Kids and antibiotics – your questions answered

Posted in Family Health.

Kids on their umpteenth round of antibiotics this winter? Here are two bits of great news – today is the last day of winter, and we’ve compiled the answers to some of the most common questions about kids and antibiotics. From antibiotic resistance, to knowing whether to proceed with immunisations when your child is sick – the answers are all here. 

Registered pharmacist Sarah Spagnardi fielded dozens of questions from the Babyology community recently, and the most common were about antibiotics and kids. Sarah manages the NPS MedicineWise Medicines Line – which is a federally-funded telephone service, aimed at providing independent, evidence-based information about medicines. Here are her answers to the most common questions asked during our live chat.

What is antibiotic resistance and how can it affect my family?

Antibiotic resistance happens when bacteria change to protect themselves from an antibiotic. They are then no longer sensitive to that antibiotic. When this happens, antibiotics no longer work. You and your family can be affected because if you need an antibiotic for a bacterial infection, it may not work. Antibiotic resistance can be worsened by taking antibiotics when you don’t need them, not taking them as directed, or taking antibiotics for a condition they were not prescribed for.

Can you build antibiotic resistance from eating chicken or fish or red meat? Do they give antibiotics to animals and if so can this affect us?

There is a lot of work being done by the agricultural industry around the use of antibiotics in farming, and it is certainly an area of focus. Whether or not this might contribute to antibiotic resistance in humans is still being explored.

Why then do doctors hand out scripts (for antibiotics) so easily and all the time?

We are doing lots of work with doctors and other health professionals, as well as the public, to raise awareness about antibiotic resistance. It’s a shared responsibility between doctors and their patients, to consider whether an antibiotic is really required.

My four-month-old is due for his needles tomorrow. The past week he has been on antibiotics for his second ear infection. Is it safe to have the immunisations whilst he is still a little unwell and just today having finished his Amoxil? Our GP says if no fever it’s fine, I’m a little hesitant though. But on the other hand I don’t want him missing his much needed immunisation.

Your GP is right. Vaccinations won’t have an impact on his ear infection recovering, and the course of antibiotics he’s just finished won’t interfere with his vaccine.

My 13-month-old has had antibiotics prescribed for him at least six times in the last six months for various reasons (UTIs, tonsillitis, ear infections). Should I be worried about resistance for any particular antibiotic?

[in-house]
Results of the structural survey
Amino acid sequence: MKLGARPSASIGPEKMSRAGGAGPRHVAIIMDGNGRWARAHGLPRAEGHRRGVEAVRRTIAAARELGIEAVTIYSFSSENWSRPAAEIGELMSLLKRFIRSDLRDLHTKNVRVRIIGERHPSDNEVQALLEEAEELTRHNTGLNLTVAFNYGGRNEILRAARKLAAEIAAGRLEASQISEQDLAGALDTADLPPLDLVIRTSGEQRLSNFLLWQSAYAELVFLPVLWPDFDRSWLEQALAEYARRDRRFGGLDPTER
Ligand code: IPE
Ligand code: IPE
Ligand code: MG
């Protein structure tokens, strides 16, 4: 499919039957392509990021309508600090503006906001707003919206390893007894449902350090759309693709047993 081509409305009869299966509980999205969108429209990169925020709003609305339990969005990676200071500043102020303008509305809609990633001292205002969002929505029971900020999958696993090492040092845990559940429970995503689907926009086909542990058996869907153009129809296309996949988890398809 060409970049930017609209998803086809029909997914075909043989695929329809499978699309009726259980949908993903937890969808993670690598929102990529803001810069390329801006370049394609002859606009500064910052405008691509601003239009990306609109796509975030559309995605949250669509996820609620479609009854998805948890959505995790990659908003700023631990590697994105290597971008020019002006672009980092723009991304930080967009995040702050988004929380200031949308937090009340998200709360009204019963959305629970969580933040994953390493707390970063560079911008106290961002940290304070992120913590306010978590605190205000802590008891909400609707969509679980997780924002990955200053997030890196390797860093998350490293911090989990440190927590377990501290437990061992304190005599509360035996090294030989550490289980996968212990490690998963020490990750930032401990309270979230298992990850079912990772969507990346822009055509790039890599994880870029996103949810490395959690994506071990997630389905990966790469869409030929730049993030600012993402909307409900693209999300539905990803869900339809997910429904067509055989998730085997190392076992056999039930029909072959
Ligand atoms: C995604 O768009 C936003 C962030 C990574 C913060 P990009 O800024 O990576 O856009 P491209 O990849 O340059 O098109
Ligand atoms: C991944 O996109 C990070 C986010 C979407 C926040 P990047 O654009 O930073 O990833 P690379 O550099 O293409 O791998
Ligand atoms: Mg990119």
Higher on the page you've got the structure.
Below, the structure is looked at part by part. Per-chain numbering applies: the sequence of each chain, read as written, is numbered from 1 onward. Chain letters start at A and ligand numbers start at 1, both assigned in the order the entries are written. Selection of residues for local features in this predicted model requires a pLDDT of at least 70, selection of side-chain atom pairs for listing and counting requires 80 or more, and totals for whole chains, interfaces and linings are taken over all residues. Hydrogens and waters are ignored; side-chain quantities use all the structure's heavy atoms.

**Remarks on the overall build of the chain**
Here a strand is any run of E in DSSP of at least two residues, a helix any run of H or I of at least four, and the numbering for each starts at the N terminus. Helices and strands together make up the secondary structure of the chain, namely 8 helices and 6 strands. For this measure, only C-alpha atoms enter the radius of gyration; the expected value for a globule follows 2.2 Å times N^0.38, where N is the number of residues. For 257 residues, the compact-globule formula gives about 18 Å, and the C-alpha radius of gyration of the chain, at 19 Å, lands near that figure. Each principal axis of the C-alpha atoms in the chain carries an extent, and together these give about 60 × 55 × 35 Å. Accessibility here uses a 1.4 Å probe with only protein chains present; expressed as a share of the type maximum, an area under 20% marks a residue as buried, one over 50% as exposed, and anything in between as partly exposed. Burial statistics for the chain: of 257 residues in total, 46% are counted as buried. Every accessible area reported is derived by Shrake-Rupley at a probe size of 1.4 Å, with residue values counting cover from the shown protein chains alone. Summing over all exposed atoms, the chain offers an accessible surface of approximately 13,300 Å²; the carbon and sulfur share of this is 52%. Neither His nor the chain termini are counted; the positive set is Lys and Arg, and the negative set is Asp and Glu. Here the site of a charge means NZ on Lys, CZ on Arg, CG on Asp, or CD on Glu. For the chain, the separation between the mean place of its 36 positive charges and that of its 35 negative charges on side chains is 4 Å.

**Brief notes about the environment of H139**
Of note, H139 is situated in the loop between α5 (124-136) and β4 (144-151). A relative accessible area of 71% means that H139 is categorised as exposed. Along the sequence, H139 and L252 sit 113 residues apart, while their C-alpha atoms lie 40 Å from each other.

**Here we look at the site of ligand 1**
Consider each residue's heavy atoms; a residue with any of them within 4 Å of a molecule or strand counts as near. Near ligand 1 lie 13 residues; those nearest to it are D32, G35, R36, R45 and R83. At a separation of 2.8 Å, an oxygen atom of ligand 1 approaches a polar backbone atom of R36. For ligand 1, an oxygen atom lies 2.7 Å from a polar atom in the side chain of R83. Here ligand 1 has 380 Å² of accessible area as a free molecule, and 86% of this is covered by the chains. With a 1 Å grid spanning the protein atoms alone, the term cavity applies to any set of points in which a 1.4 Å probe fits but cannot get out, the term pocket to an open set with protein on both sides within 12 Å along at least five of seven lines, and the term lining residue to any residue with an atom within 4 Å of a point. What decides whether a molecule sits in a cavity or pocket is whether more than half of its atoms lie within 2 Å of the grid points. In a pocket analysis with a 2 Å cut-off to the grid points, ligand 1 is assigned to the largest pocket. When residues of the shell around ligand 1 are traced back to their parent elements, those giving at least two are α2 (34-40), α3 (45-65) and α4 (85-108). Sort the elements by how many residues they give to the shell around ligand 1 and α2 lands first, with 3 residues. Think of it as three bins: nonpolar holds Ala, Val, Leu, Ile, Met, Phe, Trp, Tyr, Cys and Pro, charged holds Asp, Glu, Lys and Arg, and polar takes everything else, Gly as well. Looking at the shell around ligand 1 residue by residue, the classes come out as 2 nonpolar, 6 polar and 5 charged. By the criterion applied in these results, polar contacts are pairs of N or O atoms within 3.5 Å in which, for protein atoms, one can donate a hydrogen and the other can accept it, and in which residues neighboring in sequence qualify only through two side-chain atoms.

Antibiotic resistance is most likely to occur when antibiotics are used to treat infections that are not bacterial, such as viruses. Where there are bacterial infections present, there is definitely a role for antibiotic treatment.

When administering a dose of antibiotics and my little one spits it out, should I give a full dose again or just wait till the next dose?

If you are fairly certain that all of the dose has been spat out, you can be sure that none, or very little has made its way to where it should be. If you’re not sure, it’s best to wait until the next dose. I know this is a hard one to manage, and your local pharmacist might be able to help with some tips on getting those antibiotics in. We don’t recommend mixing with other fluids, because if they are not swallowed, you won’t know how much of the antibiotic has been either.

My 19-month-old has just started his second course of antibiotics for an ear infection, but has developed gastro making it impossible for me to complete the course of antibiotics at the moment. Do you recommend restarting when the vomiting stops?

When your bub is well again, discuss this with the prescribing GP. It’s important to give the course as it was intended, and unavoidable interruption to that course might need a review.

If you have any questions, you can call the Medicines Line for information on prescription medicines, over-the-counter medicines and complementary medicines on 1300 633 424. The service operates 9am-5pm Monday to Friday AEST. Calls from all states and territories except Queensland and Victoria are answered by a registered nurse from Healthdirect Australia.

(This is a sponsored post for NPS MedicineWise)


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